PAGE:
Vecchiarelli agreed. “The biggest thing that sets us apart from the competition is experience, getting the job done, and building relationships,” he said in summation. “If you do little things right, people remember that.” u

Autos

Rob Pion, says Buick is trying to make inroads in the SUV market and has a lineup to do just that.

Buick’s SUV Lineup Helps Company Shed ‘Uncle Car’ Image

Editor’ Note: With this issue, BusinessWest launches something new and different for its auto-sales section — first-person looks, and some commentary — about some of the vehicles that are, let’s say, in the news.

And that person will be me.

That laughing you just heard was brother Robert. He’s reading this and thinking, if not saying out loud, ‘George is going to do car reviews?!?’

Well, sort of, as I will explain.

First, as to why my brother is laughing … while, like most all guys (and people for that matter), I like cars and shared every Baby Boomers dream of owning a 1972 Dodge Challenger, I am not a ‘car guy.’

Am I, however, like most people. My ability to ‘work’ on cars is limited to adding washer fluid and putting air in the tires. I wash it, I vacuum it, I put Armor All on the steering wheel, I put gas in it, and I drive it. That’s most people. So am I qualified to do this? I guess. As much as anyone else.

What is this? Well, it’s not reviews of the cars and trucks coming onto the market these days. I won’t be rating cupholders, trunk space, and headlights — although they’re all important. I’ll be using test drives to talk about emerging stories in this business — and talk a little about the cars, trucks, and SUVs themselves.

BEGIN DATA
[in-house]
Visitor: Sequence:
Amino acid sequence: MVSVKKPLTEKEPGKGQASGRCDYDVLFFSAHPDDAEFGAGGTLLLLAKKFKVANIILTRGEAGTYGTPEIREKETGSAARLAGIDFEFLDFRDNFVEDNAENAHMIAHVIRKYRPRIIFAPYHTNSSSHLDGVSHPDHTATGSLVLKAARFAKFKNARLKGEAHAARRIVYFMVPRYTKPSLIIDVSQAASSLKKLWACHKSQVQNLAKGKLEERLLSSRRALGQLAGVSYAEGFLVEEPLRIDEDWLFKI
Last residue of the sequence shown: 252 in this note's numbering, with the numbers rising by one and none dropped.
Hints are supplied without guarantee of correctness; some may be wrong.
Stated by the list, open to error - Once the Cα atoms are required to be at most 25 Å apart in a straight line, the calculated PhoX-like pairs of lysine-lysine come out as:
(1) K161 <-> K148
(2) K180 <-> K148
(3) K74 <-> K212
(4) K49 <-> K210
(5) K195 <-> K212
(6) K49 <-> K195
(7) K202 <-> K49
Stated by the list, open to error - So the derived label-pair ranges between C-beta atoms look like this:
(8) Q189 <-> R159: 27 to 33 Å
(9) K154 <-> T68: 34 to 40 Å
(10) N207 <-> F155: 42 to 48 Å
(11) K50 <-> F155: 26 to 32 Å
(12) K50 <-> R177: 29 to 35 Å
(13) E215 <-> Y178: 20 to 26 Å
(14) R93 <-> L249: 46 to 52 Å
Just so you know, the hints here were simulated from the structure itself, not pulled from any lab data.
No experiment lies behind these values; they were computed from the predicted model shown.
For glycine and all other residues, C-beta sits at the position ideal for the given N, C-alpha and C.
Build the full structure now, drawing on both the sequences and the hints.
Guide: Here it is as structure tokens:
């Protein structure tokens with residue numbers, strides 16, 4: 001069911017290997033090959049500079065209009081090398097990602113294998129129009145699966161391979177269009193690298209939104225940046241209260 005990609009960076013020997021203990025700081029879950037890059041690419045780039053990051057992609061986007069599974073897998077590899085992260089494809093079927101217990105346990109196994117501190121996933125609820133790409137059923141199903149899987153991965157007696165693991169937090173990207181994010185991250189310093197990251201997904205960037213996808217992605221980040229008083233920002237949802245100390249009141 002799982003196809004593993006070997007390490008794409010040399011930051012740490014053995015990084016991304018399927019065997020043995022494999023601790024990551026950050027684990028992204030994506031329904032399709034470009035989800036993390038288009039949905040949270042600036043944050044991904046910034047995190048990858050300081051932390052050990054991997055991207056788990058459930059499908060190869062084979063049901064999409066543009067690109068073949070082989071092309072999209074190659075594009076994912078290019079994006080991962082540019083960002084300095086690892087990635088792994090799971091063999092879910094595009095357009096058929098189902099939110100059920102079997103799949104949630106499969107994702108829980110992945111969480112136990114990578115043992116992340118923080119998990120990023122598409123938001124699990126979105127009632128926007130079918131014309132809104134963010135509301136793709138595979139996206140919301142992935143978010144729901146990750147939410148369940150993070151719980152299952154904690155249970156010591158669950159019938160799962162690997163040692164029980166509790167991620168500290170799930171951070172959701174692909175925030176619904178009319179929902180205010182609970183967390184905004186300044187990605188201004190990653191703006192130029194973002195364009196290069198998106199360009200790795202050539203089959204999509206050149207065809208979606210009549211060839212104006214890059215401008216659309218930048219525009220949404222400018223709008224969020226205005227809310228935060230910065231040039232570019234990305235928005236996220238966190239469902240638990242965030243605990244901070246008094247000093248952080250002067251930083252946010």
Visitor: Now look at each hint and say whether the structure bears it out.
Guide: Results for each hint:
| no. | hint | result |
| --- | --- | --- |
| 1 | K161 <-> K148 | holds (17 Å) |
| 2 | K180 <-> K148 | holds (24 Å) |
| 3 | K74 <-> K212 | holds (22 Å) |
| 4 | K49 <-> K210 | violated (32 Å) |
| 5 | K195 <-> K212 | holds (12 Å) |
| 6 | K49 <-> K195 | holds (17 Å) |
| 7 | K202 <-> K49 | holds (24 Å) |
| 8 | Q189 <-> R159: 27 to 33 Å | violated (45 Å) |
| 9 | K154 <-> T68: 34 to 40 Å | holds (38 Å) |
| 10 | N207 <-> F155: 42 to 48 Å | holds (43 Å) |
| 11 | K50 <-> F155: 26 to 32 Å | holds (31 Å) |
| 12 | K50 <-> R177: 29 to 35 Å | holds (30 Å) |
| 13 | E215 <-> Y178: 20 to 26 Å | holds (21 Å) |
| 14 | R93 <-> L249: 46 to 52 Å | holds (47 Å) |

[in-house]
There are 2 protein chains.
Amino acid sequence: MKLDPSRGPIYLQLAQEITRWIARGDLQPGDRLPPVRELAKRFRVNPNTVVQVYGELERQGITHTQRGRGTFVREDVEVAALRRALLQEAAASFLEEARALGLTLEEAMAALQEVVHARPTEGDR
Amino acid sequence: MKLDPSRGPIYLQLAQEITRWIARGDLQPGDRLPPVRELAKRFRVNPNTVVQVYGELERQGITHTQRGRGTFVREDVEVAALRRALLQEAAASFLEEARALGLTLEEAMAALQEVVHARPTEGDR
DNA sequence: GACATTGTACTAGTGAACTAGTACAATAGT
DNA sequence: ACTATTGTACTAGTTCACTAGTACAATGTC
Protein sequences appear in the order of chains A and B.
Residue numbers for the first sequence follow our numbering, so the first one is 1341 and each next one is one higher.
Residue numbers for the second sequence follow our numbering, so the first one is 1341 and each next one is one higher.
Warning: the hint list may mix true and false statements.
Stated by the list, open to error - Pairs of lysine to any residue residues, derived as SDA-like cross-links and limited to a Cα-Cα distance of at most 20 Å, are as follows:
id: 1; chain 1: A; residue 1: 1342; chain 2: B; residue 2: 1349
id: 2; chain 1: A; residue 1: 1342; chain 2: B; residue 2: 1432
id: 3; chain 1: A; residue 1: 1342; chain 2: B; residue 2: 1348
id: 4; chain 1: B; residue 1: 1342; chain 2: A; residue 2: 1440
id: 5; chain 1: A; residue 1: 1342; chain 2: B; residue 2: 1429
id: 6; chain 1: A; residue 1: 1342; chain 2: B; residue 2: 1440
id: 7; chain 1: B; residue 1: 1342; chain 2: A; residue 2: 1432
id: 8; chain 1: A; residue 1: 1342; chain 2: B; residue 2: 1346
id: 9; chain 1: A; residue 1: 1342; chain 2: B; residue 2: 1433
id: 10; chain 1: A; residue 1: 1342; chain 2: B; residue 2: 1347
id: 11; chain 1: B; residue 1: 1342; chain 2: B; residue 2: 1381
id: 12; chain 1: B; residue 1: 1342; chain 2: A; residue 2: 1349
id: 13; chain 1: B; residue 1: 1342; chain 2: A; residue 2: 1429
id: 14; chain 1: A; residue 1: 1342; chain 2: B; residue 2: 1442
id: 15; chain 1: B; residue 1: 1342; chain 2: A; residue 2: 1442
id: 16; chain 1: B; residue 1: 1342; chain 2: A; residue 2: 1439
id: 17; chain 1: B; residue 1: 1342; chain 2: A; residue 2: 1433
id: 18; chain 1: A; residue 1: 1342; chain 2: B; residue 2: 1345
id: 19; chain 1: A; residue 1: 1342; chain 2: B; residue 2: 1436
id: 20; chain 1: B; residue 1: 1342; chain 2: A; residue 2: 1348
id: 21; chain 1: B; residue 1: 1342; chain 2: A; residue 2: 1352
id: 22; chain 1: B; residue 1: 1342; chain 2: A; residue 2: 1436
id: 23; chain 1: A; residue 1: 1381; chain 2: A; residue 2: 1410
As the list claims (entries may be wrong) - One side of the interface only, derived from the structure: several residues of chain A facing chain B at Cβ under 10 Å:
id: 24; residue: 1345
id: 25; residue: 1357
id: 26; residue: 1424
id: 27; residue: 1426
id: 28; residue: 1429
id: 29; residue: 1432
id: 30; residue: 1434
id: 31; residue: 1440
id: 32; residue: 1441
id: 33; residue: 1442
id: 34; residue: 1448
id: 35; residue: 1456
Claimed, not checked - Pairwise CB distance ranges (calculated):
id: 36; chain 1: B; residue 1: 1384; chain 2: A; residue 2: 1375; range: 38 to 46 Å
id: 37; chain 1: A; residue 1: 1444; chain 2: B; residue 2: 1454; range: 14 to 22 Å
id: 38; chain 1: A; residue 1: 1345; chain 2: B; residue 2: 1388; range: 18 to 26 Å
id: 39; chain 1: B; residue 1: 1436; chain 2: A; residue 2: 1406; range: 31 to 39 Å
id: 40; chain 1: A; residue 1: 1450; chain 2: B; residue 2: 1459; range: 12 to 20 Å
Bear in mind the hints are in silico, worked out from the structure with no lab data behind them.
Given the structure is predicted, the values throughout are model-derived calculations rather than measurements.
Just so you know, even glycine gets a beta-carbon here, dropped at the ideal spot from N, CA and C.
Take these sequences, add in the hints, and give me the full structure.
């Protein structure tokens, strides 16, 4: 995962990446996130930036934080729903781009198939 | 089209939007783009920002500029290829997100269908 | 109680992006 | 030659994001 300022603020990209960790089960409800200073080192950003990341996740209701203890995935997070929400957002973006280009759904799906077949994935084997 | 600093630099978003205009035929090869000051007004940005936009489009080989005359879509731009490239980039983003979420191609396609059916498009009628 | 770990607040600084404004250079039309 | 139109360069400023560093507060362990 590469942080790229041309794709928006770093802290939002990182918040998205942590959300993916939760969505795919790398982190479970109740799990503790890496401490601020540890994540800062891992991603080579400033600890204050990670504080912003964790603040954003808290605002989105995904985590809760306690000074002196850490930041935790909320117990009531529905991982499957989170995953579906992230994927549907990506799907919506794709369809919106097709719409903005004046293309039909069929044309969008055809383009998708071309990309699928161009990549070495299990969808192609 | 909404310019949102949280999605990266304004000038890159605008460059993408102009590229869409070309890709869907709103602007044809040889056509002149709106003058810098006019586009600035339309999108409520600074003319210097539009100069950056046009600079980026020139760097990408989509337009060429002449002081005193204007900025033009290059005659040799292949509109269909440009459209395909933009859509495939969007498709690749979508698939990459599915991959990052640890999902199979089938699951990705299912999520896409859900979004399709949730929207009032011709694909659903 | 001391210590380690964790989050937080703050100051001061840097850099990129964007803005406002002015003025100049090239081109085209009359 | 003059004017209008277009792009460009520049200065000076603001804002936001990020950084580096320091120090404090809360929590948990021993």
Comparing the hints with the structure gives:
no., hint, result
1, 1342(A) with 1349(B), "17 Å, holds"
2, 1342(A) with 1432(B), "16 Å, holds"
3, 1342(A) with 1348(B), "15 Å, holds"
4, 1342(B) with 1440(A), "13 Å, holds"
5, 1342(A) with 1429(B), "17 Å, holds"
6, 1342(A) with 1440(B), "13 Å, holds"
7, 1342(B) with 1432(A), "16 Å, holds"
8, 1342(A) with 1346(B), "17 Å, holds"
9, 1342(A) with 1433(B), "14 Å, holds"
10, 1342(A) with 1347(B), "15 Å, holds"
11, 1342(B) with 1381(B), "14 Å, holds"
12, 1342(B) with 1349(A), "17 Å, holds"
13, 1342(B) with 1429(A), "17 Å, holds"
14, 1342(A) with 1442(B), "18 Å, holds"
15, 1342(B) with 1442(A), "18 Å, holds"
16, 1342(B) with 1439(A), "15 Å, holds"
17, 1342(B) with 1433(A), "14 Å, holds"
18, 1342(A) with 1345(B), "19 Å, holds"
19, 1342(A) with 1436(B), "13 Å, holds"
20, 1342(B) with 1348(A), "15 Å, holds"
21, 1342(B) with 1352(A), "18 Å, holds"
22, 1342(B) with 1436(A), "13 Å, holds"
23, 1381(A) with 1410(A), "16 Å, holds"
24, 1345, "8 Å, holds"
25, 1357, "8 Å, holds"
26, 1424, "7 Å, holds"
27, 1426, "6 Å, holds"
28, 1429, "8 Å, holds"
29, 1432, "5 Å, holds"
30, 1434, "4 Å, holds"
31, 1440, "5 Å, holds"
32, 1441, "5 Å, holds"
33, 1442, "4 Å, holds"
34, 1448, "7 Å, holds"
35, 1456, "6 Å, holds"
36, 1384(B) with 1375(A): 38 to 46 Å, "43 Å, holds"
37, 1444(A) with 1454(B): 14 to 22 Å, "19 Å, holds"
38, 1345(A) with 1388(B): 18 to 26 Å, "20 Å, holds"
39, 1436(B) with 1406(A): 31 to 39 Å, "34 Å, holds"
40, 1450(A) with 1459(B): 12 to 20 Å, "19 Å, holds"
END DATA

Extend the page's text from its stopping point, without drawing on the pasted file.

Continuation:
First, more about me … my first car was a 1973 Chevy Impala. There are a lot of Boomers nodding their heads right now. That was a lot of people’s first car. It was a large, four-door sedan, and I have been driving those ever since, with one real exception.

My now ex-wife and I were in Aruba in 1994, visiting the far side of the island. Those who have been there know it looks like the kind of place Kirk, Spock, Dr. McCoy and the crew member destined to die in that episode would beam down to and put the phasers on ‘stun.’ It’s desolate, with lots of sand and pink rocks and things like that. Anyway, to get around, you need a four-wheel drive vehicle, so we rented a Chevy Tracker, a small, as in very small, domesticated version of a Jeep.

We liked it so much, we said ‘when we get back, we gotta get one of these.’ And we did.

My sister in law likened it to a ride at Six Flags. ‘You have to be at least this tall to ride in it,’ she would joke, ‘and you must keep your hands and feet inside the vehicle until it comes to a complete stop.’